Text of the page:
The History and Purpose of the 1031 Exchange Provision
Section 1031 is a provision in the Internal Revenue Code (IRC) that allows taxpayers to defer recognizing gain on qualifying like-kind exchanges when they work with a 1031 qualified intermediary. This tax deferral can carry over from one like-kind exchange to the next—effectively deferring taxpayers’ liability indefinitely.
So, why does Section 1031 exist? With the national deficit and tax gap, why doesn’t the Internal Revenue Service (IRS) seek to collect income tax on all profitable exchanges—regardless of whether the properties involved are of like kind? To understand why Section 1031 exists, we have to take a look back at its history and purpose.
The History of the Section 1031 Like-Kind Exchange Provision
The Section 1031 like-kind exchange provision is more than 100 years old. Enacted in 1921 as part of the federal Revenue Act, the original purpose of Section 1031 was to encourage investment in real estate. By allowing real estate investors to defer recognizing taxable gain, the Revenue Act enhanced their investing power—encouraging more investment and helping to boost the nation’s already bustling economy.
This latter point is important, as it provides historical context for Section 1031. When President Harding signed the Revenue Act on November 23, 1921, the national deficit was in decline (down to 23.9 billion from 29.4 billion in 1919); and, with a strong economy, the U.S. Treasury Department was generating sufficient tax income through other means. In theory, allowing deferral of gain from like-kind exchanges would generate more commerce and more spending, and this would ultimately benefit both the American public and the U.S. government financially.
Over the next several decades, while the United States transformed, Section 1031 largely remained the same. Real estate investors continued to use like-kind exchanges to grow their portfolios, and individuals and families that could afford homes after the nation rebounded from the Great Depression used Section 1031 to buy bigger and nicer houses as they climbed the economic ladder. But, in the 1970s, things started to get more complicated.
The reform we’ve seen over the past 50 years under Section 1031 (including the requirement for the use of a 1031 qualified intermediary when one like-kind asset is not exchanged directly for another) largely stems from a single court case in 1979. In Starker v. United States, the U.S. Court of Appeals for the Ninth Circuit approved the first-ever delayed like-kind exchange under Section 1031. Not only did the Ninth Circuit allow members of the Starker family to conduct a delayed like-kind exchange, but it also gave them a five-year time window to purchase the replacement property.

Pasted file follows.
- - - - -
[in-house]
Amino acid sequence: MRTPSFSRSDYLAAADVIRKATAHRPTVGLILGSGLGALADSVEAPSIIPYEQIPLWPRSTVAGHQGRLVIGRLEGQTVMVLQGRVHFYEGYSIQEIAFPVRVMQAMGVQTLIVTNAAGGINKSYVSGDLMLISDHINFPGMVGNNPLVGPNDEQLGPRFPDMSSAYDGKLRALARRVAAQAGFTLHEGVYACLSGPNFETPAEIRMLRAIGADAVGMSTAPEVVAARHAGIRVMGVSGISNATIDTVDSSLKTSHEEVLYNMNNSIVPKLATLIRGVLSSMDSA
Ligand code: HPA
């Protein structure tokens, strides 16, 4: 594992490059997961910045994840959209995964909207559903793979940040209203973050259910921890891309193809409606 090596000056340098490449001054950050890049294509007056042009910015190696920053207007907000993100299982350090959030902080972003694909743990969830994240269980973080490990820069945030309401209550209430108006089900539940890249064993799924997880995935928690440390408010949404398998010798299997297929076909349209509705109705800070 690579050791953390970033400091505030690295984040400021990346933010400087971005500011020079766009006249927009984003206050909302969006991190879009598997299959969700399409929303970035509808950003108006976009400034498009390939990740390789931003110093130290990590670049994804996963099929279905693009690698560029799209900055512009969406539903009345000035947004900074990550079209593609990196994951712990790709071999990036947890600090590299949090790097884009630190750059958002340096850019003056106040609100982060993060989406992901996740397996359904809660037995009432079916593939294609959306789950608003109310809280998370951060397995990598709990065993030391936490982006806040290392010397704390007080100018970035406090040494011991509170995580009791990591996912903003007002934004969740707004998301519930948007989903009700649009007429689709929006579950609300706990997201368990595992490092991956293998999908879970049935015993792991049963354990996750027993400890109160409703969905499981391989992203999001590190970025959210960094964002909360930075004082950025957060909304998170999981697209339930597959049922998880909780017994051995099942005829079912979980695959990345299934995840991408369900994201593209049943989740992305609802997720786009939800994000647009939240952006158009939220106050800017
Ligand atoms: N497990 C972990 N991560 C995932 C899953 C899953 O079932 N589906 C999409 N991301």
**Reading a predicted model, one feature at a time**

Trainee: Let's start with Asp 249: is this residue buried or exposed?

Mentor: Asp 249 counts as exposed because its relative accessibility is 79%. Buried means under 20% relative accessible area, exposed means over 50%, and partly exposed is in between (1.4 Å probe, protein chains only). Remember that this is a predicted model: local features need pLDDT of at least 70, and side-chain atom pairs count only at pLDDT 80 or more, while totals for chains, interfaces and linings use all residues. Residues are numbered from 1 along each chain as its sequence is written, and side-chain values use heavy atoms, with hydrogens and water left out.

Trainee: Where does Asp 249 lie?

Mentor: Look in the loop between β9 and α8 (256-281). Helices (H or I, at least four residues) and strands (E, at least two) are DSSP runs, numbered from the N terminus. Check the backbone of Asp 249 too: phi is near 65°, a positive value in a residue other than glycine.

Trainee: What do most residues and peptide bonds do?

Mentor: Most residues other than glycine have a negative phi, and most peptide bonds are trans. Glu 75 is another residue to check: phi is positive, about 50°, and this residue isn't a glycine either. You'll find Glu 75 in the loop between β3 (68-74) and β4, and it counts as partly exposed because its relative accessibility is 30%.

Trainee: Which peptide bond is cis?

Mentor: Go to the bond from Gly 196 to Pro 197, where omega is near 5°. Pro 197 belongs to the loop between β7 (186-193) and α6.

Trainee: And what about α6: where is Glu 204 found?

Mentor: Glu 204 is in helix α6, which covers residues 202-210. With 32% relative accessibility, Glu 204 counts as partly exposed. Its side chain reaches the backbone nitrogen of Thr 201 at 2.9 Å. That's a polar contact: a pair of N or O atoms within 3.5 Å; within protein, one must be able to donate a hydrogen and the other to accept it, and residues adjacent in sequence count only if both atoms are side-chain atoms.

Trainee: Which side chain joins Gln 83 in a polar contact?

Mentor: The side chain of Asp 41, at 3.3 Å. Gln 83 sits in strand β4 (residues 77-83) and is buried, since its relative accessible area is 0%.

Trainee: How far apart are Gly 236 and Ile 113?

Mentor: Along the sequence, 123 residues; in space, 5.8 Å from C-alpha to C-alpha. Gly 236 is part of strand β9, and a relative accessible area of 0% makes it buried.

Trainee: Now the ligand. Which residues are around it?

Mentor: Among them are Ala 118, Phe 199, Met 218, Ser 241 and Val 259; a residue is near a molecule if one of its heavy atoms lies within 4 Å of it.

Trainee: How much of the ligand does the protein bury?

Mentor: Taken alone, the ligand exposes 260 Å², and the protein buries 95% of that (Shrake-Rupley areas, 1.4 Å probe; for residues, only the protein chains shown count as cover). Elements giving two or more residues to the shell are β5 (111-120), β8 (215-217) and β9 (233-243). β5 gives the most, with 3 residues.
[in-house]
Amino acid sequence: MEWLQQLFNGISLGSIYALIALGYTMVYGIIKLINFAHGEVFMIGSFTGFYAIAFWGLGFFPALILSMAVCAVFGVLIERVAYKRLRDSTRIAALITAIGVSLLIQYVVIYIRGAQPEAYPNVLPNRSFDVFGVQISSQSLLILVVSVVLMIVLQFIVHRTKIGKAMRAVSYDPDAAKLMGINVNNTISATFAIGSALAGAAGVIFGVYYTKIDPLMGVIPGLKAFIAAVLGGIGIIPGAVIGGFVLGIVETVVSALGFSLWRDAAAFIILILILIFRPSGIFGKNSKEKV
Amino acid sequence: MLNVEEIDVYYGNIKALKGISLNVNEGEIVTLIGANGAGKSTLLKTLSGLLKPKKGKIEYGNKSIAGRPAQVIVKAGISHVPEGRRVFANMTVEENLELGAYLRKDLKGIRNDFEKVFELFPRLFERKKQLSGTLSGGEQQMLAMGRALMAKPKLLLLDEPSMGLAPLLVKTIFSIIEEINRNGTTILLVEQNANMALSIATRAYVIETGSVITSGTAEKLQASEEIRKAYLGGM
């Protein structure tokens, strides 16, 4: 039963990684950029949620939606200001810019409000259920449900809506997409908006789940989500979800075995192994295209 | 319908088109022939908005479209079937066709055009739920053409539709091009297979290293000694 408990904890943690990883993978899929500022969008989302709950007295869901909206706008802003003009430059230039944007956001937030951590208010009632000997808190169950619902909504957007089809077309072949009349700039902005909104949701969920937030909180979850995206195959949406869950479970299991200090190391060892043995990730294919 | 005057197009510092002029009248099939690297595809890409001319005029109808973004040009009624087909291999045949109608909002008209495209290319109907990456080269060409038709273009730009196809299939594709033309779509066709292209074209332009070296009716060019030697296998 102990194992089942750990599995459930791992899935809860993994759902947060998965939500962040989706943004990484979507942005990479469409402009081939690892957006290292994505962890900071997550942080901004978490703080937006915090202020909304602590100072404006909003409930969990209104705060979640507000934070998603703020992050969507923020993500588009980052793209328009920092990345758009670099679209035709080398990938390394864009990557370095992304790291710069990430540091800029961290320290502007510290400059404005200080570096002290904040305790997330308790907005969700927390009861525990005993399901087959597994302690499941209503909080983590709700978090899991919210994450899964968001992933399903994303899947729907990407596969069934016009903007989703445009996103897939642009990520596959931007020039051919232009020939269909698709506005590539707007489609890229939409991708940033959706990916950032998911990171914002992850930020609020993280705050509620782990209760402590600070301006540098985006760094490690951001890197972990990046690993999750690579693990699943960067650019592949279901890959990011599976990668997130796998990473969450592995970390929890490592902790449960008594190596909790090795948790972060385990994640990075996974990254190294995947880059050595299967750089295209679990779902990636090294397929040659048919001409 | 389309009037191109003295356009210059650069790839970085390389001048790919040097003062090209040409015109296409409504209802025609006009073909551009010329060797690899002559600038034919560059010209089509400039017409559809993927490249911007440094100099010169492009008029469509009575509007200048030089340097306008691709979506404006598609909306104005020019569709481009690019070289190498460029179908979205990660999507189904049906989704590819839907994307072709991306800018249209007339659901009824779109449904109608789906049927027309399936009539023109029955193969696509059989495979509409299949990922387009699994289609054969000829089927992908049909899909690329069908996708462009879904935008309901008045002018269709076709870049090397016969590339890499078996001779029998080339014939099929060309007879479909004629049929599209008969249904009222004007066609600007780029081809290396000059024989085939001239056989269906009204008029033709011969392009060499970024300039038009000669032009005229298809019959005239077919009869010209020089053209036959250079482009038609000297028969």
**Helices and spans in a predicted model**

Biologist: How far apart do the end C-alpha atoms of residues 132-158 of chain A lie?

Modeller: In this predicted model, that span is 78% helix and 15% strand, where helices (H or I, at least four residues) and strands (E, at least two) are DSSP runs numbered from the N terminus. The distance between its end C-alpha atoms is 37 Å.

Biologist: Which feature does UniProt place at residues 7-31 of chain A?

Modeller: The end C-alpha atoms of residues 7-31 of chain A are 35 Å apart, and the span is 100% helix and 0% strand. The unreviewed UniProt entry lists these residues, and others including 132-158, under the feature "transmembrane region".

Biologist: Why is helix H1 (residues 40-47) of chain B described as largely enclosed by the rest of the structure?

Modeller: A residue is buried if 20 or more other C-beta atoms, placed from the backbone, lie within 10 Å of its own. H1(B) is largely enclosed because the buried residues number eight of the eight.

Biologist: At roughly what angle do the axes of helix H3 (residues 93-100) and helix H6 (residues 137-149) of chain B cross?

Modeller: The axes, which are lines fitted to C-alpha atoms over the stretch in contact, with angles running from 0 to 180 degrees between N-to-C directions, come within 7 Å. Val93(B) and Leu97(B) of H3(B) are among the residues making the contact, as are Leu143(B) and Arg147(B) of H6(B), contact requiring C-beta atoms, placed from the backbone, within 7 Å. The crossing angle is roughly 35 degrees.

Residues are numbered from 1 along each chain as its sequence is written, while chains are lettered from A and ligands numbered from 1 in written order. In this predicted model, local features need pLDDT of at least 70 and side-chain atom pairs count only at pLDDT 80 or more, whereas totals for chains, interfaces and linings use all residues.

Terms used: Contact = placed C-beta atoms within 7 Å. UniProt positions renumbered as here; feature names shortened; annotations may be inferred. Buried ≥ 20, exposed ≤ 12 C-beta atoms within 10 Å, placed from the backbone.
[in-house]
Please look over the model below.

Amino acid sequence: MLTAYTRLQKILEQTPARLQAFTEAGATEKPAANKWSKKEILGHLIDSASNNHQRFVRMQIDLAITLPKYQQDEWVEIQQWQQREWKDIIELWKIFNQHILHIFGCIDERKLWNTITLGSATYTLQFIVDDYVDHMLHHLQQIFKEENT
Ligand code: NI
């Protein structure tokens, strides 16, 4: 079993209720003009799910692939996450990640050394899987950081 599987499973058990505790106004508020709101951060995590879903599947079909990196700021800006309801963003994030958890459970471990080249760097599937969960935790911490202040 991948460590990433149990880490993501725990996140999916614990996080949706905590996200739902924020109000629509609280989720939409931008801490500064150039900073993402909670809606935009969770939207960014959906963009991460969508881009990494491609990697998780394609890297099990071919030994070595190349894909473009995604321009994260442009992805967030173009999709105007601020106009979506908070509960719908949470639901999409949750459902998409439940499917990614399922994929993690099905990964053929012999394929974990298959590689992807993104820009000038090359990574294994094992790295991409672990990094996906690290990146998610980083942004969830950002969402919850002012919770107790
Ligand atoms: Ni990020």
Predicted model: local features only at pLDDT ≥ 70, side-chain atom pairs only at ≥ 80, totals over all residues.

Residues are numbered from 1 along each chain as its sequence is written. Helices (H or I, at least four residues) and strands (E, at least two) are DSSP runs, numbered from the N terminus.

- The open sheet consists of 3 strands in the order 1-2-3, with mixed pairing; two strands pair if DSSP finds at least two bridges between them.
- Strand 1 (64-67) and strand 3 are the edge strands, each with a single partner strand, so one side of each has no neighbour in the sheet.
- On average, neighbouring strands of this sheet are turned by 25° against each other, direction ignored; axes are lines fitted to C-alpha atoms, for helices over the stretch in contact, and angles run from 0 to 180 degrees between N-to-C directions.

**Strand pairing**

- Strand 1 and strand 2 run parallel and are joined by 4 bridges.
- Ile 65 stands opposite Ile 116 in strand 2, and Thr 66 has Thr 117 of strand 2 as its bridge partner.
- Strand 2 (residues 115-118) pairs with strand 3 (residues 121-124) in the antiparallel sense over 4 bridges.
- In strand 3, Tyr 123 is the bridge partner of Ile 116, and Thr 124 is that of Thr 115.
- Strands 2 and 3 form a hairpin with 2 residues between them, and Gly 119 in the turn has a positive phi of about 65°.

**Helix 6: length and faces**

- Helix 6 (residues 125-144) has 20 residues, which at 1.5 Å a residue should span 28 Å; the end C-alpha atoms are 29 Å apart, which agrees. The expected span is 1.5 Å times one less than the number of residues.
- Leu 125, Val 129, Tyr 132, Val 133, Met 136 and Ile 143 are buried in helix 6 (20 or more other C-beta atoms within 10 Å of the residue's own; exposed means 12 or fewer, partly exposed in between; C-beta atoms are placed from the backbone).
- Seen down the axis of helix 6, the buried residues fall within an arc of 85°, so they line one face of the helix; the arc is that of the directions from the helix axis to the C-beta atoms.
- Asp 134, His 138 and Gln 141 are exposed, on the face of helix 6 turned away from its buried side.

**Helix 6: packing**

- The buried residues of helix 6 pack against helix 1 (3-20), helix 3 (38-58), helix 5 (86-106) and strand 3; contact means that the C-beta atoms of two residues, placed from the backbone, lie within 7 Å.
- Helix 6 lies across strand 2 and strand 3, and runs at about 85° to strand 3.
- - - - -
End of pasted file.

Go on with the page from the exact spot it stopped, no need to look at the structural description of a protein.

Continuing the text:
This led to statutory reform in the 1980s, and in 1991, the IRS adopted the Section 1031 Regulations. These regulations establish the procedures for conducting delayed like-kind exchanges without triggering federal income tax liability (including the use of a 1031 qualified intermediary and placing sale proceeds in trust pending the purchase of replacement property). In the years since, we’ve seen several changes to Section 1031 and the IRS’s regulations, including the most recent changes implemented by the Tax Cuts and Jobs Act of 2017. While much of the previous reform was focused on facilitating the use of the 1031 like-kind exchange provision, with the Tax Cuts and Jobs Act, Congress restricted the types of property that can be bought and sold in transactions that are eligible for tax deferral.
The Purpose of the Section 1031 Like-Kind Exchange Provision
So, what is the purpose of Section 1031 today? In its current form, the Section 1031 like-kind exchange provisions are once again primarily intended to encourage real estate investment. The current 1031 exchange requirements make this clear, although they do not completely rule out like-kind exchanges involving other types of property.
For individuals and businesses that qualify, conducting a like-kind exchange with a 1031 qualified intermediary can facilitate significant (and potentially indefinite) tax savings. Section 1031 is a powerful tax planning tool for all taxpayers who own eligible property—as long as they take the necessary steps to comply with the current like-kind exchange requirements.
Learn About Our 1031 Qualified Intermediary Services
At 1031 National Services, we provide 1031 qualified intermediary services to individuals and businesses nationwide—and we have been doing so since 1994. If you have questions about conducting a delayed like-kind exchange under Section 1031, we invite you to contact us for a free consultation. To schedule an appointment at your convenience, please call 888-872-1031 or tell us how we can help online today.